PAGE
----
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Welcome to our Summer 2017 edition of Franchising Focus.
As we welcome a new year, some of the key issues from 2016 continue to burn strong – most obviously the ongoing issues around franchisee compliance, particularly in relation to workplace relations matters. We expect that this will continue to be an issue of interest this year and consider it highly likely that more franchise networks will find themselves in the spotlight as the year progresses. Accordingly, we continue to reiterate that franchisors should be taking proactive steps to try and ensure that their franchisees are compliant. However, as discussed in our article below, one of the key issues that a number of networks we have been working with have identified is franchisees who are deliberately non-compliant.
In other matters, The Treasury Legislation Amendment (Small Business and Unfair Contract Terms) Act 2015 (Cth) (more commonly known as the unfair contracts terms regime) commenced on 12 November 2016. For those networks that have not yet considered their documentation (which includes not just franchise agreements, but all standard form agreements) for compliance with this regime, we strongly recommend that this is done as a matter of priority. The Australian Competition and Consumer Commission (ACCC) now has the option to take enforcement action under this legislation and we consider that it will only be a matter of time before the ACCC seeks to test its powers under this legislation.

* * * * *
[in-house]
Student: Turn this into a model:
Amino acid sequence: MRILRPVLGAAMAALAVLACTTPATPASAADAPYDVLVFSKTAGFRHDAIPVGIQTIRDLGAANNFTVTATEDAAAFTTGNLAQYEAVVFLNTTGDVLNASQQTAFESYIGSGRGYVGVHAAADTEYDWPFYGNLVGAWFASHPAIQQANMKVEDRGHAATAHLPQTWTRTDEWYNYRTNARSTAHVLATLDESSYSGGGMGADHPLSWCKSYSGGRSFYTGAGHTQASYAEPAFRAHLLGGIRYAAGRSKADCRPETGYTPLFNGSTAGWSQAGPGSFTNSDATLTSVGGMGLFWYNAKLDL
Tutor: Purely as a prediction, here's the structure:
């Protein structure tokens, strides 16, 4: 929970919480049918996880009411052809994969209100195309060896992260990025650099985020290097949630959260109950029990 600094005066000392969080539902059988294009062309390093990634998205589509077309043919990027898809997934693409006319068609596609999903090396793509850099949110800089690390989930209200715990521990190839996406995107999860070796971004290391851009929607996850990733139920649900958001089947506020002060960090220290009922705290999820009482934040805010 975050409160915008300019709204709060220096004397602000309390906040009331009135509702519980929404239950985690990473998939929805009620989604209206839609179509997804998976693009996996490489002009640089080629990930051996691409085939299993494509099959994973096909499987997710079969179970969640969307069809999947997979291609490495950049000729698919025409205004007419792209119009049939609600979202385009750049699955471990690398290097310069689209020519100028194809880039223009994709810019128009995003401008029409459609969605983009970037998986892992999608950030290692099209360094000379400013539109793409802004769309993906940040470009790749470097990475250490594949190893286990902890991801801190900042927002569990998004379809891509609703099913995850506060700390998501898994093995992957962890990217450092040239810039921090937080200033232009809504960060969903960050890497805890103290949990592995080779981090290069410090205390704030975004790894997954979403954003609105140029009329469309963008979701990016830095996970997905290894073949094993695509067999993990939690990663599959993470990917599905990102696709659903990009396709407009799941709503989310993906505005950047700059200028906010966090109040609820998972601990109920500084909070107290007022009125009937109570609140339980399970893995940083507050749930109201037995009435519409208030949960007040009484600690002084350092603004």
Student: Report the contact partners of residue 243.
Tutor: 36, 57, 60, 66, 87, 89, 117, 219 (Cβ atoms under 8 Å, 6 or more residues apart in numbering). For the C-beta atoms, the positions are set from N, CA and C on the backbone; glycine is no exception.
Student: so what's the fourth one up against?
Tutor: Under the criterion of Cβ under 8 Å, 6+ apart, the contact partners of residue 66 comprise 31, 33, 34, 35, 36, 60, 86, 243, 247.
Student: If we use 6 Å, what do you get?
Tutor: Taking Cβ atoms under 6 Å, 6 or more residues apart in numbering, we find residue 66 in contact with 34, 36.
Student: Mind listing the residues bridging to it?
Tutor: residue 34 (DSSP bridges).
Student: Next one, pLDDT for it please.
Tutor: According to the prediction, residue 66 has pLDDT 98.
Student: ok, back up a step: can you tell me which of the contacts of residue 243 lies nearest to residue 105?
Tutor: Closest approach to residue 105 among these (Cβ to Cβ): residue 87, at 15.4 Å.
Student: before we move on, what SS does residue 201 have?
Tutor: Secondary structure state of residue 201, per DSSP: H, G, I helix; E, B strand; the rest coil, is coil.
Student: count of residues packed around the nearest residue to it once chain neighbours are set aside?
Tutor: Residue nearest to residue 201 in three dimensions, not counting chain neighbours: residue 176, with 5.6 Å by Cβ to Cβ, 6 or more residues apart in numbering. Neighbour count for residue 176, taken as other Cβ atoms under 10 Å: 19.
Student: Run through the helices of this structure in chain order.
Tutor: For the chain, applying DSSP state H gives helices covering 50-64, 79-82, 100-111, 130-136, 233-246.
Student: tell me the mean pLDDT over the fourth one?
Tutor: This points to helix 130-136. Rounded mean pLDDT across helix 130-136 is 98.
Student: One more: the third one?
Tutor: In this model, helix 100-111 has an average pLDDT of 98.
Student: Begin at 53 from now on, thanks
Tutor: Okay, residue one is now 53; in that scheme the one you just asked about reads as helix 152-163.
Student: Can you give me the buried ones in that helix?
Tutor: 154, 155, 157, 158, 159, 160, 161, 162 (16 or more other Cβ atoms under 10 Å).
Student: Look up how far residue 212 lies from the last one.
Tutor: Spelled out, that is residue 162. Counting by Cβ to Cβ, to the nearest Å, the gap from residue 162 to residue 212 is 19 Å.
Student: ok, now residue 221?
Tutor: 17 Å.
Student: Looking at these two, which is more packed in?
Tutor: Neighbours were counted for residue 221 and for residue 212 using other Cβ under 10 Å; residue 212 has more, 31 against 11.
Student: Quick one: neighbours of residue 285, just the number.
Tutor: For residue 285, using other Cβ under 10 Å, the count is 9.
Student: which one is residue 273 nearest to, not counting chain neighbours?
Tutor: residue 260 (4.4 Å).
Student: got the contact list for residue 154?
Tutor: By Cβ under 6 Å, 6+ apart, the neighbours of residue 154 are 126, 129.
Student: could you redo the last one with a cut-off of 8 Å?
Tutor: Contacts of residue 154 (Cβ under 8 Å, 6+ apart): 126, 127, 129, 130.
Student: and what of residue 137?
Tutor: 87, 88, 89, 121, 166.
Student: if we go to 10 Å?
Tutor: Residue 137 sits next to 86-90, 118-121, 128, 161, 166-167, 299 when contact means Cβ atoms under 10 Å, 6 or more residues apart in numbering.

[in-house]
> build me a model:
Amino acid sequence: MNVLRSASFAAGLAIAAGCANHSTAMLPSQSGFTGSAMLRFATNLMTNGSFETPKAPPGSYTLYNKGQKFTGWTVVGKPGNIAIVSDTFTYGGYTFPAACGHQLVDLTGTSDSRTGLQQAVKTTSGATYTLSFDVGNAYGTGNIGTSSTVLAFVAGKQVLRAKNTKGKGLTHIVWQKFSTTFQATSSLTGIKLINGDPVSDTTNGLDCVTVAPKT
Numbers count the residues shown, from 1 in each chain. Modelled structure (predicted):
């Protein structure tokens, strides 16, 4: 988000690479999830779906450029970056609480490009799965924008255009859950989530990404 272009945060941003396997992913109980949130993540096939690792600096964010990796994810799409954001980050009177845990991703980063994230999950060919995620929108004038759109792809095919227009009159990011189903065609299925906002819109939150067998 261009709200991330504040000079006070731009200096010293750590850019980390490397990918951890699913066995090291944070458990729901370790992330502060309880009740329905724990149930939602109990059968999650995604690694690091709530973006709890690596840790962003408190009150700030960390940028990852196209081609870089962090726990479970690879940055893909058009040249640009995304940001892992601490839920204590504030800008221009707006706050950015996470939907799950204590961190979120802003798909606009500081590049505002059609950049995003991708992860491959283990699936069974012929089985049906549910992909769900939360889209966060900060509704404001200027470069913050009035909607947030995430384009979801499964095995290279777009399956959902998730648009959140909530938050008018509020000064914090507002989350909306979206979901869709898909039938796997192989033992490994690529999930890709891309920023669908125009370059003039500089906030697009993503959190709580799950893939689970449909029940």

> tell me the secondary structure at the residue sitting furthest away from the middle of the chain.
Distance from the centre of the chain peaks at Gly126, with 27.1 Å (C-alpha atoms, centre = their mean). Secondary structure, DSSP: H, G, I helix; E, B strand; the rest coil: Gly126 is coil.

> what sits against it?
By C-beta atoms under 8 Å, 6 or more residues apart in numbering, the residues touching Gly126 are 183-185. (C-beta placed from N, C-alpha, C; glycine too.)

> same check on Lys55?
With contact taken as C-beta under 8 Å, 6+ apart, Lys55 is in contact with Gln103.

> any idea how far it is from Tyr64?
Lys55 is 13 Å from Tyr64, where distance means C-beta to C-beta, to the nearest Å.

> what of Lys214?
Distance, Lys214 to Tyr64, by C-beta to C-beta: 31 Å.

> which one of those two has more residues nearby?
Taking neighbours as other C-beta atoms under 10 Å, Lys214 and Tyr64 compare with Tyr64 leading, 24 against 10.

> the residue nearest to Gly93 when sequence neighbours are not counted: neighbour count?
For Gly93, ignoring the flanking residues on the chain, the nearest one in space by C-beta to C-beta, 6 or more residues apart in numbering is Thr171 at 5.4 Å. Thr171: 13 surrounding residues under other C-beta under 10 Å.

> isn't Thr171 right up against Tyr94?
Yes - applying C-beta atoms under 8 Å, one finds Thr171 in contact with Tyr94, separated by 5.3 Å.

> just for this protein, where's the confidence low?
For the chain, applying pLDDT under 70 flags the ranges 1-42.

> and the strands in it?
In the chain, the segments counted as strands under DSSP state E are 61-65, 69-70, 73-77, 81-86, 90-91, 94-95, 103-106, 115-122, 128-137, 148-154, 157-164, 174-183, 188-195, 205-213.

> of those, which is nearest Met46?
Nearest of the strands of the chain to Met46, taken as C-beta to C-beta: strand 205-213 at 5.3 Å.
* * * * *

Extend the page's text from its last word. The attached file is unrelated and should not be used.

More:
Finally, the beginning of a new year is often a good time to take stock of the past year and attend to various housekeeping matters. In particular, the beginning of a new year is often a good time to conduct an internal audit to ensure that all documents and manuals are up to date and reflect current practice – for instance, that they have all been updated to comply with the unfair contracts regime. This is certainly something we recommend doing from time to time.
In this edition of Franchising Focus:
Allison McLeod (Editor, Franchising Focus)
By Mira Yannicos, Special Counsel
Migration Agent Registration No. 0532134
Accredited Immigration Law Specialist